Brian, it's probably correct to say that if you stripped out all the extras that you have put into your boat over the standard spec, you would have a really tough time getting back anywhere near what you paid. It is those gazillion dollars that makes your boat a desirable used purchase.I haven't lost anywhere near that on my boat. Wow! Why dd he take such a hit? If I sold my boat right now, I would not make money, but I would not be out much from what I paid new either. That does not include the gazillion dollars I have thrown out at it since I bought it, which you will never get back, but that is not a bad return for the years of use I have had.
My ex boss (very wealthy) bought a Bene 50 in 2008, brand new, on a whim, never owned a boat before. He filled it with stuff to the tune of NZ$130K. Within the first year of ownership, he decided that sailing was not his thing and he bought a high-end power launch. When he came to sell the Bene, he asked the original purchase price of just the boat and after 18 months of trying to sell it he eventually off-loaded it at NZ$80k less than he paid for it not counting the toys. The boat was seldom used, effectively in as -new condition. So he effectively lost NZ$210K within a couple of years.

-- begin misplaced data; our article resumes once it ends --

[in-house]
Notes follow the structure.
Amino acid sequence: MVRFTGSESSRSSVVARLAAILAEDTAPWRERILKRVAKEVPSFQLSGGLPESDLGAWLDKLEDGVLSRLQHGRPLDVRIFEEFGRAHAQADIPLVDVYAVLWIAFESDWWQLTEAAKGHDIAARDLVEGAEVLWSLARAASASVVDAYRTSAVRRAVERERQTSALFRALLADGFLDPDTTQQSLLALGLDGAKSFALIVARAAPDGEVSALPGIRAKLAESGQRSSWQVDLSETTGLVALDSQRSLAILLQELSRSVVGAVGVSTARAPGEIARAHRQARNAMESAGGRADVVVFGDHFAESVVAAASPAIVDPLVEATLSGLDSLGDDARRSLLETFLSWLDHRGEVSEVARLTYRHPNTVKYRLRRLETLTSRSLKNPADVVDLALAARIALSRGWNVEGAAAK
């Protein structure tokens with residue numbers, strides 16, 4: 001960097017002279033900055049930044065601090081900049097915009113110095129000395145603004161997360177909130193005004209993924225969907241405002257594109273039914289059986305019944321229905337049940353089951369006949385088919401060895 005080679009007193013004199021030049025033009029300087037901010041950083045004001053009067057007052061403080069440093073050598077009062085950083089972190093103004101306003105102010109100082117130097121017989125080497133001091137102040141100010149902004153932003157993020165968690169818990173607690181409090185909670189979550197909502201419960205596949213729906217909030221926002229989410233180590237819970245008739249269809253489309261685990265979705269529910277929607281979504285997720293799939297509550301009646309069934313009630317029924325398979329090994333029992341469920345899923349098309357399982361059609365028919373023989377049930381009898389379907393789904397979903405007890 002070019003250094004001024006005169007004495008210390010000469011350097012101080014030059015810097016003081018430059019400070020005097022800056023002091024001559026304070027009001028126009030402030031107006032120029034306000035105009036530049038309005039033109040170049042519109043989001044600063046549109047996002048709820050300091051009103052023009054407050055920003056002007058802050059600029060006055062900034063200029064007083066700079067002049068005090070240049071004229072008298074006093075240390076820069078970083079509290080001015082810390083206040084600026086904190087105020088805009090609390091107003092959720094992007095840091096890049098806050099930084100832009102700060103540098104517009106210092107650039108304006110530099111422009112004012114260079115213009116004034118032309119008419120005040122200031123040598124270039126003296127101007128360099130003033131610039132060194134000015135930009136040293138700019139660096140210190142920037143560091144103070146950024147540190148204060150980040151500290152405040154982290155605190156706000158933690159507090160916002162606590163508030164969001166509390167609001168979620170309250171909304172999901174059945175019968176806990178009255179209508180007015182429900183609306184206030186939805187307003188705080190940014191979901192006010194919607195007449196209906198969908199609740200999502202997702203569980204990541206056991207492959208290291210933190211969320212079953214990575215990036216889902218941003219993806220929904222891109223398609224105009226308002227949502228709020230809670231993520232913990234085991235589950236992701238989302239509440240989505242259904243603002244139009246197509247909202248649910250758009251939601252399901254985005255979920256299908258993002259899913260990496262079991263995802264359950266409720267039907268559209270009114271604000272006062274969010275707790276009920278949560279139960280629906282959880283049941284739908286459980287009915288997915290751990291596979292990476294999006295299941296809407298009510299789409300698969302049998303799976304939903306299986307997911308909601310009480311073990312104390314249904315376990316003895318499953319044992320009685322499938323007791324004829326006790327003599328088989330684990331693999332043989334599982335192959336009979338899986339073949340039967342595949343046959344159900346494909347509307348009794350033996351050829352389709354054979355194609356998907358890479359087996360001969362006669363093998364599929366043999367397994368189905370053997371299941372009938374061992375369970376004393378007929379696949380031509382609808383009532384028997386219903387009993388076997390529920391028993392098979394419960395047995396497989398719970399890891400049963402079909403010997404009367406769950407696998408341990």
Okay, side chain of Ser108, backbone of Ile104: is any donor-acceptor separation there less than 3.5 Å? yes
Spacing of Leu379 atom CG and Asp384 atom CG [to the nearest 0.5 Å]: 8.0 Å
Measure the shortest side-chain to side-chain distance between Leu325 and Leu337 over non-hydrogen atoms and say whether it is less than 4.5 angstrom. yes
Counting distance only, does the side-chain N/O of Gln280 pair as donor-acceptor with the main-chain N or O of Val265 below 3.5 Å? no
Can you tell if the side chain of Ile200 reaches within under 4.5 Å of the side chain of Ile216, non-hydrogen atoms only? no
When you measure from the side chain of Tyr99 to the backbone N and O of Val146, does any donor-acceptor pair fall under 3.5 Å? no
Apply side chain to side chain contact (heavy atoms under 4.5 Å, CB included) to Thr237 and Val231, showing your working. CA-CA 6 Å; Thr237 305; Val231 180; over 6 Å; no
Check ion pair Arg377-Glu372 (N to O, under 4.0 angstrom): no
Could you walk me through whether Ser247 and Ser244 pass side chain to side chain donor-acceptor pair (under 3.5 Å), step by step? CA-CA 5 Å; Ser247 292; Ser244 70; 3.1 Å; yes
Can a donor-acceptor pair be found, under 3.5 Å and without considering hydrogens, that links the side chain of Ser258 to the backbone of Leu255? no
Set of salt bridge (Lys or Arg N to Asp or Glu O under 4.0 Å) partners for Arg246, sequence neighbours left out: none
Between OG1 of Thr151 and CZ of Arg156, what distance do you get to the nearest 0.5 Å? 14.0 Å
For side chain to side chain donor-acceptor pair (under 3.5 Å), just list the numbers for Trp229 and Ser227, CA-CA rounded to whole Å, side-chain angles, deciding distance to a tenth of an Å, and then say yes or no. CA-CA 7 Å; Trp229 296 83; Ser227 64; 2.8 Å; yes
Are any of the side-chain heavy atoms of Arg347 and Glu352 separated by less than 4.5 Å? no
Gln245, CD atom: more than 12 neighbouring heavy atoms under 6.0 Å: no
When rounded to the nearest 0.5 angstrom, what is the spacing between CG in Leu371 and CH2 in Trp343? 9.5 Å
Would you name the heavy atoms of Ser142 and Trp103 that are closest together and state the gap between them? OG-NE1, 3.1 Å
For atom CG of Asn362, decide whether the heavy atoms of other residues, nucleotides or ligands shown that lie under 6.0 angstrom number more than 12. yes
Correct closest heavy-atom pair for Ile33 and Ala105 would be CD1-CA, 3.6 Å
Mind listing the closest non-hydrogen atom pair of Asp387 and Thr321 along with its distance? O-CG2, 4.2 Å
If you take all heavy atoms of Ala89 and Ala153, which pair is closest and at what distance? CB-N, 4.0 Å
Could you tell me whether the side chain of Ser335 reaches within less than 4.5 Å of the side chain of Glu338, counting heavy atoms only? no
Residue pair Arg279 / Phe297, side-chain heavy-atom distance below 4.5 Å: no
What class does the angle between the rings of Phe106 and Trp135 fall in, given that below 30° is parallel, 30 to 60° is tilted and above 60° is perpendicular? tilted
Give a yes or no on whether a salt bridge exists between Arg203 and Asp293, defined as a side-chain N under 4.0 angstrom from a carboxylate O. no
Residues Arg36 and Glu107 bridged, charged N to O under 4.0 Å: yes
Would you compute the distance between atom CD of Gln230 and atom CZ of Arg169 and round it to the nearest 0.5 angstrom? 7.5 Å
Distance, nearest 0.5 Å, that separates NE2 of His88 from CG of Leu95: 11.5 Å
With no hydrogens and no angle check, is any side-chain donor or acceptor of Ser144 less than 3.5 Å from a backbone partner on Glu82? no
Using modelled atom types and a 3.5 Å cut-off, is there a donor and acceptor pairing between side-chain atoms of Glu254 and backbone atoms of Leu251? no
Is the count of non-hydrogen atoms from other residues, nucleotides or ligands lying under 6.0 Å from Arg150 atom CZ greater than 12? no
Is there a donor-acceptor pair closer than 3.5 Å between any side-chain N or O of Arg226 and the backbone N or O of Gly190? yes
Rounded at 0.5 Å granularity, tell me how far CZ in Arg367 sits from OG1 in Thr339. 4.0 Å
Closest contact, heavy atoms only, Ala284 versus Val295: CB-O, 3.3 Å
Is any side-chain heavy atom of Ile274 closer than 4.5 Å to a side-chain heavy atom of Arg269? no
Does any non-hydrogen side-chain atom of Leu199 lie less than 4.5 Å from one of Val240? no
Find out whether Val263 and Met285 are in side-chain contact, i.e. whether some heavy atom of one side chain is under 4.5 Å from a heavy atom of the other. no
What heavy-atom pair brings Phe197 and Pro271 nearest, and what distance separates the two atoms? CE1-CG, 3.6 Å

We have friends that bought a Bene 40 two years ago brand new. They paid NZ$325k including taxes. They have spent another NZ$100k on it since then and counting. If they sold it tomorrow, they would possibly get back most of the $325k but the rest would be school fees. Consequently, it is probably true to say that the boat has devalued by 30% in two years.
So IMHO, the notion that an "ordinary" boat retains value is smoke and mirrors. Maybe Hinkley's and similar boats do but the average production boat? I don't believe so.
I have no illusions about this, when I come to sell my boat and am able to recover 50% of what I spent in total, I will be happy. There is a cost of use to everything in life that is hard to avoid.